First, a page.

What does America stand for ? It should stand for the rights of everyone. The pledge is all too easy to focus on, while ignoring all of the truly important issues and pressing problems facing our nation and society.

Posted by: d.a.n at September 16, 2005 5:36 PM
Comment #80989

Jo,

what’s wrong with the original? I thought it sounded pretty good myself…

Posted by: Rhinehold at September 16, 2005 5:37 PM
Comment #80991

Actually, Judge Roberts during his cofirmation hearing this week gave all of us the answer/insight into how the court will decide this case when he said what was “Congresses Intent” when they passed the Law.

Although we can find out what President Ike said, I haven’t been able to locate the actual debate and Law which came out of Congress. Considering how old the files would be does anybody know how to locate the Government Document? Because that is what the Courts has to base it’s findings on. Both sides of the argument may be surprised by their ruling because of how our Elders thought.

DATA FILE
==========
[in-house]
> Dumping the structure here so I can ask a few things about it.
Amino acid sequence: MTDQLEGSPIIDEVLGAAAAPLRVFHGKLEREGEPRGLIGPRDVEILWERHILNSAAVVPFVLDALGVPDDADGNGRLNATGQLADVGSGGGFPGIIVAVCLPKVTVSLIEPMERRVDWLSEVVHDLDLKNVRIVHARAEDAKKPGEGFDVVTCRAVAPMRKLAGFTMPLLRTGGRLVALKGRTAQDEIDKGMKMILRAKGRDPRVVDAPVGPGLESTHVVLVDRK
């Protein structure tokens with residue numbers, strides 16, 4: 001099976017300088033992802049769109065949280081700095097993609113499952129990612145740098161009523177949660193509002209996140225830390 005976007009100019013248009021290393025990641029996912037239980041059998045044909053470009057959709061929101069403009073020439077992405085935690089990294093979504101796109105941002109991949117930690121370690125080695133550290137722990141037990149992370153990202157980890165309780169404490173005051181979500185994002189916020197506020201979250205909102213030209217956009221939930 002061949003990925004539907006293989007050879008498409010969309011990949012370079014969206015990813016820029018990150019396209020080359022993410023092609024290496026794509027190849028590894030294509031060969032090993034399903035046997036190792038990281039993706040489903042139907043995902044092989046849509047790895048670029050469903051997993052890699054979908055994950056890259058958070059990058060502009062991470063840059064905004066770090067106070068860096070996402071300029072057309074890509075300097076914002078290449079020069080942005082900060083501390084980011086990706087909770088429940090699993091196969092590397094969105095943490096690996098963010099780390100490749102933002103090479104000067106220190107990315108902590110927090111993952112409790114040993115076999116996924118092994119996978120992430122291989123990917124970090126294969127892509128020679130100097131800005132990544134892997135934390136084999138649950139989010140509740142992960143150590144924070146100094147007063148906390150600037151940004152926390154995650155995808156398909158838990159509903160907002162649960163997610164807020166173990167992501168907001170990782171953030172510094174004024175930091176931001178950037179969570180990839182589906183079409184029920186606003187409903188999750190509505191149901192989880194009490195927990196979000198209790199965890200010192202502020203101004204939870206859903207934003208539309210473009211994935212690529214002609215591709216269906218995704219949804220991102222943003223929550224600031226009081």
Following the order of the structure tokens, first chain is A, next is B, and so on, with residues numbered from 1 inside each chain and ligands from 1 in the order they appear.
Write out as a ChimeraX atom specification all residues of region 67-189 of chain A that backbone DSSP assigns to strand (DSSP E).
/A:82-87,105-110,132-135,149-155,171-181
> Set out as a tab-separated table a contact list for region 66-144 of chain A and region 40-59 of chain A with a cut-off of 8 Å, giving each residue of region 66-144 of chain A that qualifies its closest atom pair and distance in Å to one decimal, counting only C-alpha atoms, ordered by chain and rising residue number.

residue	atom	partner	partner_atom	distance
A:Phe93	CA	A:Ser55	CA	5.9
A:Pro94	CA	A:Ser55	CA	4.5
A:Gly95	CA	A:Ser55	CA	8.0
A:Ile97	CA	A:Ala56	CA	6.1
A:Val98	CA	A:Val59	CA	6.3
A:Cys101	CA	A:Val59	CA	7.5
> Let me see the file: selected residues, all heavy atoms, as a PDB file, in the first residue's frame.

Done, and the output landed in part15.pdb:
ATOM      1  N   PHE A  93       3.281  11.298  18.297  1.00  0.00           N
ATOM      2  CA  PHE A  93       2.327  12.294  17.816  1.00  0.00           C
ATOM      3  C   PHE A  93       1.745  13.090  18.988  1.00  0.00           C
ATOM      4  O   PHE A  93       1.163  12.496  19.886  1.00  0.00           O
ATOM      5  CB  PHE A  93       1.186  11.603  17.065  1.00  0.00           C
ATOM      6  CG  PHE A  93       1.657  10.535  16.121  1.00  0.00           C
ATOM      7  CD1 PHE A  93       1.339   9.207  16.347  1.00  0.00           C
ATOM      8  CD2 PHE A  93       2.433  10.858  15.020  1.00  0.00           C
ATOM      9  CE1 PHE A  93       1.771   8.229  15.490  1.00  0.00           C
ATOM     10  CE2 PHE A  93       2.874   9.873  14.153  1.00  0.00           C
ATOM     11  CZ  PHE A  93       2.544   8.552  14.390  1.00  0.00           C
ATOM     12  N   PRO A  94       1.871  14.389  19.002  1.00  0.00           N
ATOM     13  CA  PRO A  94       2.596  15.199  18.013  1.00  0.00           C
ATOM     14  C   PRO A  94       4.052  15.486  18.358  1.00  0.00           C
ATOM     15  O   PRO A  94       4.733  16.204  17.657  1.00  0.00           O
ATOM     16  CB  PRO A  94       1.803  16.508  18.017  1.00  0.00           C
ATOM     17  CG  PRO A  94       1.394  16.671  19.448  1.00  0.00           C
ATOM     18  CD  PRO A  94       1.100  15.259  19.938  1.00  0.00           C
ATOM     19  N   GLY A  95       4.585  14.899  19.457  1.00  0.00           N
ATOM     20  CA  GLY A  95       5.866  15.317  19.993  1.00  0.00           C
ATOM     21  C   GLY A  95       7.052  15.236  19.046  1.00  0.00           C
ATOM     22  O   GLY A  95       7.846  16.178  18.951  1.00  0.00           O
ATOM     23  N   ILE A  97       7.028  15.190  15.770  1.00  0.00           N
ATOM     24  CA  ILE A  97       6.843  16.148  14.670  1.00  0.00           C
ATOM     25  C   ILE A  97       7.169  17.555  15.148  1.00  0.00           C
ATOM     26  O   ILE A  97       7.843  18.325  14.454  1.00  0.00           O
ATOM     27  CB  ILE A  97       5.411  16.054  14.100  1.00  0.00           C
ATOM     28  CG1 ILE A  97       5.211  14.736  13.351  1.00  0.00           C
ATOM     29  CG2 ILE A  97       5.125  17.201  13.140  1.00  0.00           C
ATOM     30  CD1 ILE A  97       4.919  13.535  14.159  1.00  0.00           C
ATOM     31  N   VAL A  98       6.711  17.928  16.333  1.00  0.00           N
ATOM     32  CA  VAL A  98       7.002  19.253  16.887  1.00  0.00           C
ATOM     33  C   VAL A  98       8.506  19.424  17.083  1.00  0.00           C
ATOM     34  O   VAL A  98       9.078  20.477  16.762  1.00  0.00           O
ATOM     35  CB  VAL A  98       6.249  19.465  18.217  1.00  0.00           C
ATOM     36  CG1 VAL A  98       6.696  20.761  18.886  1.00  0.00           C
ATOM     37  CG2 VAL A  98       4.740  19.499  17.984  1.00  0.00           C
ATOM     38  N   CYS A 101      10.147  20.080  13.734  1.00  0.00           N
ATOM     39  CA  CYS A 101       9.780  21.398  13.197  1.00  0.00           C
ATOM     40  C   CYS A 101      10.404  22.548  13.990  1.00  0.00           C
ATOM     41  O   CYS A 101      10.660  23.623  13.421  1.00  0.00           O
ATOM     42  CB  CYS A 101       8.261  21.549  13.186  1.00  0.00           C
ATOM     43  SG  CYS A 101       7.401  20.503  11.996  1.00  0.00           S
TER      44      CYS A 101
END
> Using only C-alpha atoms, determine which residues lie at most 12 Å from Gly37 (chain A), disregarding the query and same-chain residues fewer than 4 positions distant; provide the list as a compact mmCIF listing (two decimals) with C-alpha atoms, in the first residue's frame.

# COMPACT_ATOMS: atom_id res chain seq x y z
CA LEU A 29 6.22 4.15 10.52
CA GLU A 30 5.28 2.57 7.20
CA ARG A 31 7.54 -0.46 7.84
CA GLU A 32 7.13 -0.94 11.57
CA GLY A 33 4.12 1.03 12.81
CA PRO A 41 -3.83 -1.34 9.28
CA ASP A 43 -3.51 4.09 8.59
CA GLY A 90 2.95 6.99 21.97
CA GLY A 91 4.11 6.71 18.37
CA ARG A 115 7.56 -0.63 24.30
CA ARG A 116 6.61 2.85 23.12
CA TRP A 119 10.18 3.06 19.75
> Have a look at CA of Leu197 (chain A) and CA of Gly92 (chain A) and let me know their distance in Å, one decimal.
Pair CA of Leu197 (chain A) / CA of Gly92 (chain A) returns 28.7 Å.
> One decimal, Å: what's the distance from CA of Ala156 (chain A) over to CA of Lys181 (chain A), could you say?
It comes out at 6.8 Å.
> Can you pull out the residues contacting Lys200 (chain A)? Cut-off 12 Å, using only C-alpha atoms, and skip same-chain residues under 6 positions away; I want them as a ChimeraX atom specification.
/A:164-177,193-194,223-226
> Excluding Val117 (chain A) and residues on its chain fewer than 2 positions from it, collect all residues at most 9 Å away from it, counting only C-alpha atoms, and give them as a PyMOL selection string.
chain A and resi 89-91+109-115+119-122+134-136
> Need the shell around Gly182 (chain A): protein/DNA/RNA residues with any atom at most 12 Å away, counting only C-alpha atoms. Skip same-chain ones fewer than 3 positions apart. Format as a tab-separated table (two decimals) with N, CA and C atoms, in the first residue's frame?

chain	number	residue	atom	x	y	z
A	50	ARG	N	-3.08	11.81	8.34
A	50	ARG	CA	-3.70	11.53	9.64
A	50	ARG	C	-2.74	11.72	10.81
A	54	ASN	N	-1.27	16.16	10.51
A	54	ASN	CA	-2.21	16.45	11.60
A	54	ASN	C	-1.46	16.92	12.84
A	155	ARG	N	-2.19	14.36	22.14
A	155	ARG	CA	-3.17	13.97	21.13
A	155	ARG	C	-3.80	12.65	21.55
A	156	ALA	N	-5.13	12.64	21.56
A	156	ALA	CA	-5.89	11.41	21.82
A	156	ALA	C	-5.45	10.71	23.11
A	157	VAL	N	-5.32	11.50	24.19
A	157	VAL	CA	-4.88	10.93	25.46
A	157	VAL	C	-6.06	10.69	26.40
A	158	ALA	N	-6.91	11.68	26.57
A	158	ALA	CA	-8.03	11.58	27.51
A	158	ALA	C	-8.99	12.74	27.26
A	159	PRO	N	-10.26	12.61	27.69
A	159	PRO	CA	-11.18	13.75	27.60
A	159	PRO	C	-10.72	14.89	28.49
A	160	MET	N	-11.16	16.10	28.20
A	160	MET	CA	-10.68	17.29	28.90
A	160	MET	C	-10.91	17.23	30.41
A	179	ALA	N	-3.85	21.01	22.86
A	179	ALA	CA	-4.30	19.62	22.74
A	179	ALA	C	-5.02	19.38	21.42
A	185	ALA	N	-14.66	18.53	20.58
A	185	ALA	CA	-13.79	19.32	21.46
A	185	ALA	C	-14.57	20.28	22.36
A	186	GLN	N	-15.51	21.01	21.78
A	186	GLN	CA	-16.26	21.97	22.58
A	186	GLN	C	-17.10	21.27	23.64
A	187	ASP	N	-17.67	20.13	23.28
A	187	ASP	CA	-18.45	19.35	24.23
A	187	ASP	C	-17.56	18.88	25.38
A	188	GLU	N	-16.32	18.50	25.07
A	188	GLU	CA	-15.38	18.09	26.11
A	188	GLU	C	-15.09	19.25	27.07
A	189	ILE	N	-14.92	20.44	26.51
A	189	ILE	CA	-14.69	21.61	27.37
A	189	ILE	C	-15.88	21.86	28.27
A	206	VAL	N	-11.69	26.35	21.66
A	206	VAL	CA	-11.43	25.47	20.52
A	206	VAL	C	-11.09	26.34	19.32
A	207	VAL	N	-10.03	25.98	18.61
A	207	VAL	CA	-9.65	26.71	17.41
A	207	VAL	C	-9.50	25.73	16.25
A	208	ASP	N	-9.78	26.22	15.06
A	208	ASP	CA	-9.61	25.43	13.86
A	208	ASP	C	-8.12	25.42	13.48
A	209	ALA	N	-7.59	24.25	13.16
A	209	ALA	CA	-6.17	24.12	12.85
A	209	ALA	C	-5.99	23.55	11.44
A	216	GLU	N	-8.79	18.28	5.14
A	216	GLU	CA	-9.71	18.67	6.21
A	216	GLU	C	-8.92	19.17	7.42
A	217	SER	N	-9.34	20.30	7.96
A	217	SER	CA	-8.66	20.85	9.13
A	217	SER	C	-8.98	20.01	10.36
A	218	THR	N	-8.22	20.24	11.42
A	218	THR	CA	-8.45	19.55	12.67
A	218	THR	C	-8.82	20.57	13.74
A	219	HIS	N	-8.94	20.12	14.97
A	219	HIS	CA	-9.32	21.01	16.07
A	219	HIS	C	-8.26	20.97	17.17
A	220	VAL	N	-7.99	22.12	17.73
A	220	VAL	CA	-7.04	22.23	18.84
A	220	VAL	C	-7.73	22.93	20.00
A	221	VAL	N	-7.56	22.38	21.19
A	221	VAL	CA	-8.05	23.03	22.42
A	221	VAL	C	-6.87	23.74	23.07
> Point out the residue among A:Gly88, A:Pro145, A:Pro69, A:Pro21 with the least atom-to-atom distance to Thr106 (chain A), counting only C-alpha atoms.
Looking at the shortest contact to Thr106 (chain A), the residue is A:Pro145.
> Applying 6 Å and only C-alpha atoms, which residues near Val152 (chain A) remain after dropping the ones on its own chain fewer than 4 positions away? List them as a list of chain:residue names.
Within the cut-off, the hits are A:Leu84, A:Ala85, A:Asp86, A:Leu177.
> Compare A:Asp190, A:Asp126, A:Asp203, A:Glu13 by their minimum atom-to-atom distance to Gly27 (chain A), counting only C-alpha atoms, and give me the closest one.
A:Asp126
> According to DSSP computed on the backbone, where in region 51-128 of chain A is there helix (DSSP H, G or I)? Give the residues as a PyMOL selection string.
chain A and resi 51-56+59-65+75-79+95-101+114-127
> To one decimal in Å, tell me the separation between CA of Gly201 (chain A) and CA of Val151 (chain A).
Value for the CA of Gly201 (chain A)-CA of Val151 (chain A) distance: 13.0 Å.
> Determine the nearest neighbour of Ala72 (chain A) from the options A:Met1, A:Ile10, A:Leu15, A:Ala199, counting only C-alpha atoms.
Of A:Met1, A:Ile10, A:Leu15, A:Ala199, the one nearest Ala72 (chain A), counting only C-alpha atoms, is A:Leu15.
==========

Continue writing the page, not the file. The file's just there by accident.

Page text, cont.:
Posted by: Henry Schlatman at September 16, 2005 5:41 PM
Comment #80997

Dan,
Read what I said to Rhinehold about the Precedence that has been eastablished in our Courts. Why you might think that I’m standing up for the religious views, but my concrens extends from what is Unalienable Right Regardless based on The Laws of this Land. For that ideology is paramount when it comes to Law in America, otherwise we’re no better than Osama Ben Laden’s idea of government and that is unacceptable.

Posted by: Henry Schlatman at September 16, 2005 5:52 PM
Comment #81001

I pledge allegiance to my Flag and to the Republic for which it stands one Nation indivisible, with Liberty and Justice for all.

That’s the original…

and some more intersting historical tidbits for those who want them:

http://www.legion.org/?section=our_flag&subsection=flag_history&content=flag_history